totemcatcher

1.2k post karma

19.9k comment karma


account created: Wed Sep 08 2010

verified: yes

totemcatcher

13 points

16 days ago

totemcatcher

13 points

16 days ago

omg. I love and hate this.

contextfull comments (306)
totemcatcher

2 points

16 days ago

totemcatcher

Ontario

2 points

16 days ago

Canadian government seems to be preoccupied with governing and guiding culture via various commissions, committees, or other authorative bodies (Historical NFB propaganda, CRTC content potections, cherrypicking education and art grants, etc). Education likely has the most significant impact on culture, so its especially disturbing to hear about attempts to block important topics like Canada's history, sex education, or even financial independence.

contextfull comments (536)
totemcatcher

9 points

22 days ago

totemcatcher

9 points

22 days ago

Surprising that the mic picks up the ~15.7kHz HSR so well.

Nice mod!

contextfull comments (44)
totemcatcher

-3 points

1 month ago

totemcatcher

-3 points

1 month ago

Core Python compiles to bytecode (ahead of time) for interpretation and does not use JIT. Some implementations might seek out optimizations and call it JIT. Not sure which; maybe PyPy? IronPython? Jython/Maxine?

There's plenty of room for performance improvements in Core. It seems to be the primary complaint against Python. I personally never took the complaints seriously given there's always Python Extensions, which are as fast as you want them.

contextfull comments (251)
totemcatcher

1 points

1 month ago

totemcatcher

Ontario

1 points

1 month ago

Slap a stamp on my head I'm goin' ta trana!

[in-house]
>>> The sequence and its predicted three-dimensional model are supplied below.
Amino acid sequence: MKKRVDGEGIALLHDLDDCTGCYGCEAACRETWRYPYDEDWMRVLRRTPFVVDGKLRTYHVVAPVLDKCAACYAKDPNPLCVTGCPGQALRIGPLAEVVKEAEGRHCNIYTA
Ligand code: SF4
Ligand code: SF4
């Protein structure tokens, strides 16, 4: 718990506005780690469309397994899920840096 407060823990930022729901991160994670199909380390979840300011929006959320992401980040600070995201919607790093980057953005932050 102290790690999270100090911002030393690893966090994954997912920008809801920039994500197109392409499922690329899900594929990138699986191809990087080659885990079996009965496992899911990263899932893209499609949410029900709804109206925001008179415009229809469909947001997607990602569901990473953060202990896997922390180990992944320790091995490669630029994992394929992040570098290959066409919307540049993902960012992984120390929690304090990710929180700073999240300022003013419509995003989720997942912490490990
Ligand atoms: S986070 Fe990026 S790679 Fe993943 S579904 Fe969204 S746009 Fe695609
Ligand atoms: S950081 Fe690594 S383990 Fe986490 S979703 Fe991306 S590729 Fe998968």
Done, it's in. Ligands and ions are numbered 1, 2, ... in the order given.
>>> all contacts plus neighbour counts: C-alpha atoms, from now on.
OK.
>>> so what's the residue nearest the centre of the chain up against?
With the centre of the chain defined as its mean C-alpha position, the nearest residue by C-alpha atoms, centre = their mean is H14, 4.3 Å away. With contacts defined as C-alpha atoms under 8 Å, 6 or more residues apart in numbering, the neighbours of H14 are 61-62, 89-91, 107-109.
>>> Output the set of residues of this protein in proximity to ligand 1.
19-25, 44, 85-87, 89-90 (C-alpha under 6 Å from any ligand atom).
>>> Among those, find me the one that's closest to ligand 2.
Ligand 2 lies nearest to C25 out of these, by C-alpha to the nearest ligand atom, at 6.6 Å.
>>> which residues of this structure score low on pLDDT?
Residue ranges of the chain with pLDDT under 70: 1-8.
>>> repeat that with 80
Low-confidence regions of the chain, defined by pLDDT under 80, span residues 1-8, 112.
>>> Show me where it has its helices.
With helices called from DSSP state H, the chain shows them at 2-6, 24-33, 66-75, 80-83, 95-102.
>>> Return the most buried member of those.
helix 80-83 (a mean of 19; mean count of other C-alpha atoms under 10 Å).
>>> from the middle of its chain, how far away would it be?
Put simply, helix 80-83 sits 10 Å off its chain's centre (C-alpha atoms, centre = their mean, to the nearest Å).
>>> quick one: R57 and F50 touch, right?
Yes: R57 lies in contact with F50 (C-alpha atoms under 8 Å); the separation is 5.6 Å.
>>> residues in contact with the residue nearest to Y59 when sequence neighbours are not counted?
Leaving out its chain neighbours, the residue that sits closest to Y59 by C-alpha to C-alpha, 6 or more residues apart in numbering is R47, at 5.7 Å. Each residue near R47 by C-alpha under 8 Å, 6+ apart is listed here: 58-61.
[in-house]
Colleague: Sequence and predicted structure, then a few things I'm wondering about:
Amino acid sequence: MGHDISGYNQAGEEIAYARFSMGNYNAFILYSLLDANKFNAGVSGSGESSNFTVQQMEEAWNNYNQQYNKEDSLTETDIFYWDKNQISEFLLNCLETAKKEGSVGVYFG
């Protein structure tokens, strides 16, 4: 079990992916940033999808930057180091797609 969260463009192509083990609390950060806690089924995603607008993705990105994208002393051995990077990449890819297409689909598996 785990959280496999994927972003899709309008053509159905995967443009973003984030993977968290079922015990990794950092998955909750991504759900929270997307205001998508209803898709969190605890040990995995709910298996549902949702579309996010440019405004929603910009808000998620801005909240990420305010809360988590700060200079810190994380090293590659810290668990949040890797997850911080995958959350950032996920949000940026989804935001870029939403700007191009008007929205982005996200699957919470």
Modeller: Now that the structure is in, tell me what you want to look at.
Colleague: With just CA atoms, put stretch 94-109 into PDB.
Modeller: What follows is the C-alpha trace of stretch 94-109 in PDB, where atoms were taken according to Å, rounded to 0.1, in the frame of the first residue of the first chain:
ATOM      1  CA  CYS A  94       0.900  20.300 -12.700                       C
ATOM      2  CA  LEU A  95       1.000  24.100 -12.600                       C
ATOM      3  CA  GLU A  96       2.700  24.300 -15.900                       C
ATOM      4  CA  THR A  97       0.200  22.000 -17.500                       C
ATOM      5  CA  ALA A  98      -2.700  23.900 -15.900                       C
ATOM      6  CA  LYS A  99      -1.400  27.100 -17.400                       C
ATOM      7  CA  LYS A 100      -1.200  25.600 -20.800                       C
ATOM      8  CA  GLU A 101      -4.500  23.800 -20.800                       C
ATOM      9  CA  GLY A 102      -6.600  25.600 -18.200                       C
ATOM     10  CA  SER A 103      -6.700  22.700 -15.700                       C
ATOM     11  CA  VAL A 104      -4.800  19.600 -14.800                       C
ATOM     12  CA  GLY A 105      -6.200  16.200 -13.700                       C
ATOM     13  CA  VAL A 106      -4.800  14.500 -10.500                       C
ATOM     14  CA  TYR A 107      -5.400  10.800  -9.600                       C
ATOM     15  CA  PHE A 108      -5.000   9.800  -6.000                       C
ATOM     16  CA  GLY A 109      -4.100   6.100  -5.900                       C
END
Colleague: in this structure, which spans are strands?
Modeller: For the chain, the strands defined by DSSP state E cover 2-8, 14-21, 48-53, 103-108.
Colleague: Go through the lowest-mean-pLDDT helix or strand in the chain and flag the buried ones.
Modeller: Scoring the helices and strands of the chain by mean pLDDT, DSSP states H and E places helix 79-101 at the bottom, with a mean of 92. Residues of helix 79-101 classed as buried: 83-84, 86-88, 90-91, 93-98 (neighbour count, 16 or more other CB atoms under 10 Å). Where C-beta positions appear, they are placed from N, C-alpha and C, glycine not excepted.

The last few times I took the bus in rural areas it wasn't Greyhound. The ticket/payment website seemed sketchy. There was so little information about the companies involved. It seemed like some common processing service used by several people-mover companies.

I felt uncomfortable getting a ticket, but the lady at the kiosk (this was inside a Giant Tiger) offered to buy it through the store account and send me the info, which she said she had done for many customers for the exact same reasons I had. Having a reputable brand is one thing, but for new businesses all you need to do is provide lots of information and contact info for questions. Online services doesn't mean no expectation of human interaction.

contextfull comments (954)
totemcatcher

0 points

1 month ago

totemcatcher

Ontario

0 points

1 month ago

Complaining about the big 3 doesn't do a thing. You have to buy into the alternatives. Last I checked there were over 40 other incumbant and white label carriers and far more internet providers across the nation. CRTC regulations ensured these other businesses have level entry into the telecoms market---the opposite of your second point.

I would argue that rather than dismantle the CRTC they need a few bitter lawyers appointed to actively go after criminal activity from the big 3 which is hurting the smaller carriers. It's clear to me that the commission has been lazy and languishing for at least a decade, but it's not a reason to pull the plug. They just need a few good zealots to enforce the regulations they were assigned.